I have realised that often times the path I take when learning a new skill goes something like this:
Take jiu jitsu, for example. When I started, I learned good fundamentals from a great teacher.
As a beginner, the rate of learning is very fast.
You might be familiar with the Dunning-Kruger effect:
I go from “I know nothing” to the “I’m a genius phase” and start exploring fancy techniques.
Then I hit problems (valley of despair).
Later, I realise the solution was a move I learnt at the start of my journey which I had forgotten.
And I say to myself: can’t believe I forgot this move! I used to do it all the time (because it was the only technique I knew)
Being chinese I had to learn mandarin because it is my mother tongue.
I found it difficult and did not enjoy it.
The adults told me it was very important to know mandarin and it will help me a lot in the future.
But I didn’t care. I wanted to speak only english and I did just enough to pass my mandarin classes and tests.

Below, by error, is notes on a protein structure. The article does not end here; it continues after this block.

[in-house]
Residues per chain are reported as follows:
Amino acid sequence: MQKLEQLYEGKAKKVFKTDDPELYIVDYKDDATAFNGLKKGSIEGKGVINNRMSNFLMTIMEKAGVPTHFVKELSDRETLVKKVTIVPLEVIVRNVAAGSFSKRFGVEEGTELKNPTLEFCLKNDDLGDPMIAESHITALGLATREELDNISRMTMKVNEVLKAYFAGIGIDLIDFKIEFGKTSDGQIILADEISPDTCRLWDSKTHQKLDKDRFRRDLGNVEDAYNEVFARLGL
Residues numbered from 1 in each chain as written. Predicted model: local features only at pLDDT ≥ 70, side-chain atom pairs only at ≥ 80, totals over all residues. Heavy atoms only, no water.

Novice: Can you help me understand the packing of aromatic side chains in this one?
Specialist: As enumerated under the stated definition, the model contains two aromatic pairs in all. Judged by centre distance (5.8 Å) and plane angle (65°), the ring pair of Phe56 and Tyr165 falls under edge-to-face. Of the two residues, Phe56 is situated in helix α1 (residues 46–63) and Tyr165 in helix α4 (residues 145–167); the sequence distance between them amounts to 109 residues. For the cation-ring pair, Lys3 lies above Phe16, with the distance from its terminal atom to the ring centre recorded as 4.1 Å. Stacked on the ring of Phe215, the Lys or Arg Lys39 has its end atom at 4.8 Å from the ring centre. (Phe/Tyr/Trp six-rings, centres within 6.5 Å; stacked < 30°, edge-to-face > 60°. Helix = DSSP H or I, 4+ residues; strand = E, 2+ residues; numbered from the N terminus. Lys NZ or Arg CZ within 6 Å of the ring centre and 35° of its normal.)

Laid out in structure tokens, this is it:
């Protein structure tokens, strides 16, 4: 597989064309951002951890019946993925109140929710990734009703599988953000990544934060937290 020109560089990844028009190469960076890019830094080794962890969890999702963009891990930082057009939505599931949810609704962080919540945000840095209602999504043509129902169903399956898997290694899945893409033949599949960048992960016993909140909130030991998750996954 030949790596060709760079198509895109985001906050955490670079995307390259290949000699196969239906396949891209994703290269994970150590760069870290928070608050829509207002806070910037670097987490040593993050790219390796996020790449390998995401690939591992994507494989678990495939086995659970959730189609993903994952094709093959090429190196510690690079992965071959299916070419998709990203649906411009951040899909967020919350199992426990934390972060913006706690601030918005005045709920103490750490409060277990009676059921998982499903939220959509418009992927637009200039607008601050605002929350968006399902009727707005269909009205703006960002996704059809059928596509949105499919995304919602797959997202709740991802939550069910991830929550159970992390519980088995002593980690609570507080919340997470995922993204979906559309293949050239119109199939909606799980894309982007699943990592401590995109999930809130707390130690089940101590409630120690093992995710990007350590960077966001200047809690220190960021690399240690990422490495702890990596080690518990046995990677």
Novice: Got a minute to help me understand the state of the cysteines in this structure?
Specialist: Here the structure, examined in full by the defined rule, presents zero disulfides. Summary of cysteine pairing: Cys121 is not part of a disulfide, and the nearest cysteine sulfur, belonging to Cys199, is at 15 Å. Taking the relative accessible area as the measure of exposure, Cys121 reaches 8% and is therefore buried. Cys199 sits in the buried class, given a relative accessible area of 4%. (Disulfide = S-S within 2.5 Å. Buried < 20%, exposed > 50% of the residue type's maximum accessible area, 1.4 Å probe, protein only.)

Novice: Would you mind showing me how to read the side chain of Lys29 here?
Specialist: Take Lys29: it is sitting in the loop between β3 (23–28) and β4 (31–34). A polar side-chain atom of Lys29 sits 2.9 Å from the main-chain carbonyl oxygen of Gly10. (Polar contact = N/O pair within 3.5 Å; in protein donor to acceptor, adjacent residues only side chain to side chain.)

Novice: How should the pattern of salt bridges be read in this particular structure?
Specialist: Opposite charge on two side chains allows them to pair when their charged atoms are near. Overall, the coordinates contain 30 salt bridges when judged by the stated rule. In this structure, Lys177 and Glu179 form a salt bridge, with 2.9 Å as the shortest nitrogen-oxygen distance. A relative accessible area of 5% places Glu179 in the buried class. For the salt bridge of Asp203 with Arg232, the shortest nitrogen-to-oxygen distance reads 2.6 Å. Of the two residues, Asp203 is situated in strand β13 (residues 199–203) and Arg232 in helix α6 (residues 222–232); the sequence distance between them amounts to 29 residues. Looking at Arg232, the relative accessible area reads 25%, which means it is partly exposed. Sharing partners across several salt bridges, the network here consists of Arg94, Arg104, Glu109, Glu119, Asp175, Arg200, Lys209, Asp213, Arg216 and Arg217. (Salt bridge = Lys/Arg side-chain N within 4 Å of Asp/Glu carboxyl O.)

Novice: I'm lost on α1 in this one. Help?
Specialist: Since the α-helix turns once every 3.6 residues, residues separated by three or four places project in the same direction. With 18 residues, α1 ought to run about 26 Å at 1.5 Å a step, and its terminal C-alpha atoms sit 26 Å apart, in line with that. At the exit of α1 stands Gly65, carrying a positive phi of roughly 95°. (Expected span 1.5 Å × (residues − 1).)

Fast forward ~ 15 years later, I like the idea of being able to speak mandarin and am proud that I can still somewhat speak and understand it… but I wish I was better at it!
Sometimes the solution isn’t MORE – as in to learn new things. Instead it might simply be to revisit old ones with a deeper understanding and refining them.
I wish I had only focused on the things that matter from the start – the fundamentals. But that may be a hindsight bias because I wouldn’t have known anyway. And even if someone had told me that, I may not have listened.
Sometimes one must walk through the fire and go through the pain to learn the lesson themselves. Hopefully not all the time though! Otherwise lots of time wasted… which sux.
Anyway, till next time!